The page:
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Re-visiting World War I

Interpretations and Perspectives of the Great Conflict

Jarosław Suchoples and Stephanie James

This book discusses various aspects of World War I. It focuses on topics proposed by contributors resulting from their own research interests. Nevertheless, as a result of common efforts, re-visiting those chosen aspects of the Great War of 1914–1918 enables the presentation of a volume that shows the multidimensional nature and consequences of this turning point in the history of particular nations, if not all mankind. This book, if treated as an intellectual journey through several continents, shows that World War I was not exclusively Europe’s war, and that it touched – in different ways – more parts of the globe than usually considered.
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Alessandro Salvador - Italian-Speaking Austrian POWs in Russia and the Italian Involvement in the Siberian Intervention 1918–1920


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Alessandro Salvador

Dipartimento di Lettere e Filosofia Università degli Studi di Trento, Italy

Italian-Speaking Austrian POWs in Russia and the Italian Involvement in the Siberian Intervention 1918–1920*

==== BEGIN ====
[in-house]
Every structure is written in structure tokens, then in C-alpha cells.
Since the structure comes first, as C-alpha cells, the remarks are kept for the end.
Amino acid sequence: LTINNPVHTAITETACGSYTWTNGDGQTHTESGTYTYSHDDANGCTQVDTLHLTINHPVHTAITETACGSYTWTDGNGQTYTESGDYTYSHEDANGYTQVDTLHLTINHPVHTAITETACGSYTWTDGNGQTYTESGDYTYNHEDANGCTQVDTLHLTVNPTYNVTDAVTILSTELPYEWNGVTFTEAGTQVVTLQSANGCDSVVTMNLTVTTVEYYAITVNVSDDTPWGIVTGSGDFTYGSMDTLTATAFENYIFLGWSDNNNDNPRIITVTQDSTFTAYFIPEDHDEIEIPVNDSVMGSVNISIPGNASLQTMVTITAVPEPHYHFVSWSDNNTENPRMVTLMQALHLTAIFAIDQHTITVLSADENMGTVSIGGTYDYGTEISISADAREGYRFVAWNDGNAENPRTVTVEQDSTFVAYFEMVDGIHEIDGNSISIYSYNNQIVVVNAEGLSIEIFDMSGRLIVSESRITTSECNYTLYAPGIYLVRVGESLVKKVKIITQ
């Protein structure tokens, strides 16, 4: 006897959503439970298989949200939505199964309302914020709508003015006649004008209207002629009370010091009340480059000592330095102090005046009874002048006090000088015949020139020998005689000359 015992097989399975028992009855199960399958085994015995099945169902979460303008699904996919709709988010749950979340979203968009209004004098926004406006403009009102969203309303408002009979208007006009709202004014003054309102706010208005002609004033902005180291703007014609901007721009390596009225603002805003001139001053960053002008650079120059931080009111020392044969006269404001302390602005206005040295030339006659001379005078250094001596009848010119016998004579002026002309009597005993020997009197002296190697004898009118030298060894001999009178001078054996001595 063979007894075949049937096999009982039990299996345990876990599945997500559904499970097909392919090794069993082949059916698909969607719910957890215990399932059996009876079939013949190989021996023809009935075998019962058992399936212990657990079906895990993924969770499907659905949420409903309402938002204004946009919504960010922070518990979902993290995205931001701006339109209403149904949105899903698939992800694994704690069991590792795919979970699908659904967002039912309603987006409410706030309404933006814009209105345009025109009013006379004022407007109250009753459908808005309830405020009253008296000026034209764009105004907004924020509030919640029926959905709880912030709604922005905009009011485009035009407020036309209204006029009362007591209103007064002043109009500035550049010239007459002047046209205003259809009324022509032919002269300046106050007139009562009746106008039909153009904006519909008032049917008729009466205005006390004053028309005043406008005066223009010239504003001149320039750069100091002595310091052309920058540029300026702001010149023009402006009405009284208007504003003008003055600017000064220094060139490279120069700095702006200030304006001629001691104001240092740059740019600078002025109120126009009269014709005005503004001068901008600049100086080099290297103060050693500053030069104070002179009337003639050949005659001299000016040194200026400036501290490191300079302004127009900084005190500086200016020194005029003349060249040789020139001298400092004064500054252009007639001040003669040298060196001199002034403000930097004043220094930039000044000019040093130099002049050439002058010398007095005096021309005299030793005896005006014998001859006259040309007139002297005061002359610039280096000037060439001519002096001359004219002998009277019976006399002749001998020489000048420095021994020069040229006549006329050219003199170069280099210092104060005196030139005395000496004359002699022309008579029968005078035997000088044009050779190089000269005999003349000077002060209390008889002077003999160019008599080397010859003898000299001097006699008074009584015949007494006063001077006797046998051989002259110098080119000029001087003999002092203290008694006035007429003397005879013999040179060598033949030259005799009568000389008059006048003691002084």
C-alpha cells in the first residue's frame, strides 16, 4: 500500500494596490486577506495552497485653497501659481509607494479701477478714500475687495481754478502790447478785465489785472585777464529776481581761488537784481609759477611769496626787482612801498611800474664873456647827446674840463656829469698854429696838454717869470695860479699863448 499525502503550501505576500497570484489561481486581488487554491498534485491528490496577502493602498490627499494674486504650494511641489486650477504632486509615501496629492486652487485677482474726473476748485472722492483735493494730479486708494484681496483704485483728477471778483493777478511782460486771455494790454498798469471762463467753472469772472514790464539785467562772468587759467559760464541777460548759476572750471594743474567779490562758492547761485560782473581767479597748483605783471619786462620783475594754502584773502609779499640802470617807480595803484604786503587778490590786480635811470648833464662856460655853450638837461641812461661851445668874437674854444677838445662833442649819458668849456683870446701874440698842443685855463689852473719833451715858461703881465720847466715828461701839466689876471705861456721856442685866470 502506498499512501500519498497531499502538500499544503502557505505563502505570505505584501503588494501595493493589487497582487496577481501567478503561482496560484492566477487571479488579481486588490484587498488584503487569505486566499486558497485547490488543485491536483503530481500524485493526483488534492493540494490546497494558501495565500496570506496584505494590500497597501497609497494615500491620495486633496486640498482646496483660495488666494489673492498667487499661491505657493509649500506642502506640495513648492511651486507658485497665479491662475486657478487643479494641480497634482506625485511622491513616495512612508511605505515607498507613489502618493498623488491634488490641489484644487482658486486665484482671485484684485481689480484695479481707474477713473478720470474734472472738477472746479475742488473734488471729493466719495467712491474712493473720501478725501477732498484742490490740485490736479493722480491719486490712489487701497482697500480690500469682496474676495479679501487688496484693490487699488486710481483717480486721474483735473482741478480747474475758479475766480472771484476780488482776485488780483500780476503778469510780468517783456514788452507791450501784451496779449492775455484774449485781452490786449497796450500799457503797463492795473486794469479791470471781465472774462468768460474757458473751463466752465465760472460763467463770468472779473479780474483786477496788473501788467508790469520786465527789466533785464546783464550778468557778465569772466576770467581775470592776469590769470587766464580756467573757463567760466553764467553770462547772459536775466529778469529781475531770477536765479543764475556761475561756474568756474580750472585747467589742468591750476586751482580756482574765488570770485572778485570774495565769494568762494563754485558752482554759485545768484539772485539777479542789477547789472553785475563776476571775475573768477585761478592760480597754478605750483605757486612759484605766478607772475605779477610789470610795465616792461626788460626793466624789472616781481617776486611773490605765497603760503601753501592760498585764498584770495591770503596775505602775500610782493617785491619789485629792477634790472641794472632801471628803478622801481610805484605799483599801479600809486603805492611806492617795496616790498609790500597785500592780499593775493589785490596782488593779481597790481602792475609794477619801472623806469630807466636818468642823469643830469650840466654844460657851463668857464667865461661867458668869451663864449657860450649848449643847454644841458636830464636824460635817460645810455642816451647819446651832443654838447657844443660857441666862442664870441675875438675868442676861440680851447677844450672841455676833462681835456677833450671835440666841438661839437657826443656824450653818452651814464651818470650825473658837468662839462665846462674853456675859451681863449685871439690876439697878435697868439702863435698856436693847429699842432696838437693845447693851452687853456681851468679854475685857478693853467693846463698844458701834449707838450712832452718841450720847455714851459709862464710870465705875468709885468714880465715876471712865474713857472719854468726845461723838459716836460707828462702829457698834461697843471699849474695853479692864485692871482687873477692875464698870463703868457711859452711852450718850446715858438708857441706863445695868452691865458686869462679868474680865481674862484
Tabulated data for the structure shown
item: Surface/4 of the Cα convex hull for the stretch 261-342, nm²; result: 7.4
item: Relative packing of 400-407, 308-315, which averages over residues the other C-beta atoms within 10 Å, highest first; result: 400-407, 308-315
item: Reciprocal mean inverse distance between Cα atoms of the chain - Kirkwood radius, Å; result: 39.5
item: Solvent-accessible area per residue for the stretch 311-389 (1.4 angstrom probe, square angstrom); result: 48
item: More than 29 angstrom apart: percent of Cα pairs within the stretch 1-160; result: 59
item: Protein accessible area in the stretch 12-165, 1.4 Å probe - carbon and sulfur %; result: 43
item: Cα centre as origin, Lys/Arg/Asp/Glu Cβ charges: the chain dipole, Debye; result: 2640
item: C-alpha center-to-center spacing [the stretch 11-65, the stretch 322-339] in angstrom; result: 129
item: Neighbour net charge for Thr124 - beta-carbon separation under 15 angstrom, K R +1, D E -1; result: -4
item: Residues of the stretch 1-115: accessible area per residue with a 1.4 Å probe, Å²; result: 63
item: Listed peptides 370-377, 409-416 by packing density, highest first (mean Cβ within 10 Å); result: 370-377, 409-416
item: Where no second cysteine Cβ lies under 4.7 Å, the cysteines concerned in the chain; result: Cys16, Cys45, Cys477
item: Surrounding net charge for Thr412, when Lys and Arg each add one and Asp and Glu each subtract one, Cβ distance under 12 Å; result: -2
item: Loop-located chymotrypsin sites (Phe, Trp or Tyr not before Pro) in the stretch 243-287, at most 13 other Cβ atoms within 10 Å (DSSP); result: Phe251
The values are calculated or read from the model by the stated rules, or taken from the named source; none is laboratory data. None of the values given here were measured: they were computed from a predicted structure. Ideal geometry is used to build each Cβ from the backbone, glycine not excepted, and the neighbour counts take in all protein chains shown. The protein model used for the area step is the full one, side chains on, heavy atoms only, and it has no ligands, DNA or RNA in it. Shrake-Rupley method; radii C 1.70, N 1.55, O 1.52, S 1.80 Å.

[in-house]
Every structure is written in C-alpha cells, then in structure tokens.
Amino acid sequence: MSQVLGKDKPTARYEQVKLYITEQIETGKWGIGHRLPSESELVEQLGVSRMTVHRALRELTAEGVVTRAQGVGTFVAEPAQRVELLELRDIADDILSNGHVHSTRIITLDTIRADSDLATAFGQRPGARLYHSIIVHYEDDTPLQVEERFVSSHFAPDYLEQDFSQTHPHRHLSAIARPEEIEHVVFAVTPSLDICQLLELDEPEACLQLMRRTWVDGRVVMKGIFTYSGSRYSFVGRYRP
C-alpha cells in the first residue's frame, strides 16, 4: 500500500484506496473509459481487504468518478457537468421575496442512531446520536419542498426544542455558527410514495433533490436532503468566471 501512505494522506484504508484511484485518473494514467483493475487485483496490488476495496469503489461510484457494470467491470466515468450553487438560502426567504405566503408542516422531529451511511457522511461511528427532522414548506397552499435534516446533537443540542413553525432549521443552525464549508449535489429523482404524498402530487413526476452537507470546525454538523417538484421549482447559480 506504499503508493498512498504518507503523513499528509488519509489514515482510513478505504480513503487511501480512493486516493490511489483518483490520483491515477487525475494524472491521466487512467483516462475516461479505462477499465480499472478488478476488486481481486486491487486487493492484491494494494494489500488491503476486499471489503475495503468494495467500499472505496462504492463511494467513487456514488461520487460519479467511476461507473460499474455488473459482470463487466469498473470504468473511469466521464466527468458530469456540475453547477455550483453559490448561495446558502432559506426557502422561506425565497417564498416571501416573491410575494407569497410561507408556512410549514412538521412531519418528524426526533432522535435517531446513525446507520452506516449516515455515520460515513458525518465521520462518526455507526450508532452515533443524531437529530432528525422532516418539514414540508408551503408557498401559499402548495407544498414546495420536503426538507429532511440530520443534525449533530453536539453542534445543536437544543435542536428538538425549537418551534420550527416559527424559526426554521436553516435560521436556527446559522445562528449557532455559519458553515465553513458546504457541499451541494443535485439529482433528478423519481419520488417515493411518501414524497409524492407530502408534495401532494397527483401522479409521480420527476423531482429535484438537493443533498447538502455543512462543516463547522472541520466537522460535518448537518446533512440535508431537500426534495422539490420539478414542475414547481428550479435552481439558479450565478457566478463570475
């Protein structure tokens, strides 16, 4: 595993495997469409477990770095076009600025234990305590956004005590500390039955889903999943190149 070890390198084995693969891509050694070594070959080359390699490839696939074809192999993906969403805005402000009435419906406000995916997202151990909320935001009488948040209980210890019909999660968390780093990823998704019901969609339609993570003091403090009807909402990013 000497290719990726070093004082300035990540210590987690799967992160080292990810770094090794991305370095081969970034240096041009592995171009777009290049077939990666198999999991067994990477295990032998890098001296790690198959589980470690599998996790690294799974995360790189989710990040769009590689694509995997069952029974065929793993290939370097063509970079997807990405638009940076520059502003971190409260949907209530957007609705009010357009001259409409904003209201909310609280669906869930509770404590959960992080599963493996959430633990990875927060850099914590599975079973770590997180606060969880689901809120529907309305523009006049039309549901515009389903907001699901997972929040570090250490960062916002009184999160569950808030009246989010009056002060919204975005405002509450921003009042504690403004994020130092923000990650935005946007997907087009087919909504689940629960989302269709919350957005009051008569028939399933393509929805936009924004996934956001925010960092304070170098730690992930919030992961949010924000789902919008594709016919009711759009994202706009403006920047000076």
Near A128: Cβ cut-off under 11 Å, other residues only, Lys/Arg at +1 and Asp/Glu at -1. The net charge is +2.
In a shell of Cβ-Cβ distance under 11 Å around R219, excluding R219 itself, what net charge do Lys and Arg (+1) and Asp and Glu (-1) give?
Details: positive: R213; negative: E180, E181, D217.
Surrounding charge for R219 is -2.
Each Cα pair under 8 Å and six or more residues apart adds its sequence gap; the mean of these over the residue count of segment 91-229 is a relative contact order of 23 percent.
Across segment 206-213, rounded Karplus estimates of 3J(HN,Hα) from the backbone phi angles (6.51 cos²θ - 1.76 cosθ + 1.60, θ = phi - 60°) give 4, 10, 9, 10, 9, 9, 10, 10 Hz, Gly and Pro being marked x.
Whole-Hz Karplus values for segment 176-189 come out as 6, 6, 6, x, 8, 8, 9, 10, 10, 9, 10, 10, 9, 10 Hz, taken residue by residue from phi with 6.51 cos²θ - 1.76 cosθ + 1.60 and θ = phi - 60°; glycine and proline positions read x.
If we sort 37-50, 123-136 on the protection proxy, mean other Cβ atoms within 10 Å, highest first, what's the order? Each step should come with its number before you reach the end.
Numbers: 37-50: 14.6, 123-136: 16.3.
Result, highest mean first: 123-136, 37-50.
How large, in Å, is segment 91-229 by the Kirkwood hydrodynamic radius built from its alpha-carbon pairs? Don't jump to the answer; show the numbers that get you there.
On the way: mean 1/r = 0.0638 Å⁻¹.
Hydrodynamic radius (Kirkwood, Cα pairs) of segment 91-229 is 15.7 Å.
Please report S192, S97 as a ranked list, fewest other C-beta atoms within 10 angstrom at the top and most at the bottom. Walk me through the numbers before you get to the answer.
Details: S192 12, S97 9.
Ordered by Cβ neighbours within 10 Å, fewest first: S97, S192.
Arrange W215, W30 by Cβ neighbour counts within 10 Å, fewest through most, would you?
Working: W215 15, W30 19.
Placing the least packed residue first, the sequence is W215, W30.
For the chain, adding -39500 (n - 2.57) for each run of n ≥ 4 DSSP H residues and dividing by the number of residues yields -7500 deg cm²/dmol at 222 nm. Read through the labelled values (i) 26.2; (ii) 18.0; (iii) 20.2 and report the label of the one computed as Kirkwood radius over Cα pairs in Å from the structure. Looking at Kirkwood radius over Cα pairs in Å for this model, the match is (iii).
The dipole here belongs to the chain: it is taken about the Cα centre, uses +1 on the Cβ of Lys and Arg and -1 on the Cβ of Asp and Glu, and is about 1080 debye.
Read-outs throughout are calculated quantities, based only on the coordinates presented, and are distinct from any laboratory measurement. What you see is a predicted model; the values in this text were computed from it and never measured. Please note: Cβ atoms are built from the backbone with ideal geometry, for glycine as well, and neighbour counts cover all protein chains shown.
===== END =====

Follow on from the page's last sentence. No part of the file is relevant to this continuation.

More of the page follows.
Abstract: In 1914, the Italian unification process was still not complete. Two northern regions, around cities of Trento and Trieste, mostly inhabited by Italians, still belonged to Austria-Hungary. The outbreak of World War I was perceived by many Italian nationalists as a chance to conquer these territories and accomplish the process begun in the 19th century with the Risorgimento. When the war broke out, Italy remained neutral in order to decide later whether to join her Austrian and German allies, or the Entente. Meanwhile, thousands of Italian-speaking Austrian citizens were sent to the eastern front, serving in the army of the Habsburgs. Italian nationalists maintained that these soldiers were brothers, forced to serve to their oppressors. Italy eventually joined the war in May 1915 and, then, taking care of the Italians from Trento and Trieste serving in the Austro-Hungarian army became less important, although potentially useful for propaganda purposes. Thus, the Italian government sent a military mission to Russia to save Italian-speaking soldiers who were taken POWs on the eastern front. The Russia’s 1917 collapse left thousands of Italian-speaking Austrian POWs and members of Italian rescue missions stuck thousands of miles away from home. Gathered in Siberia, these people became involved in activities of the Entente’s international expeditionary forces against the Bolsheviks. Forced...

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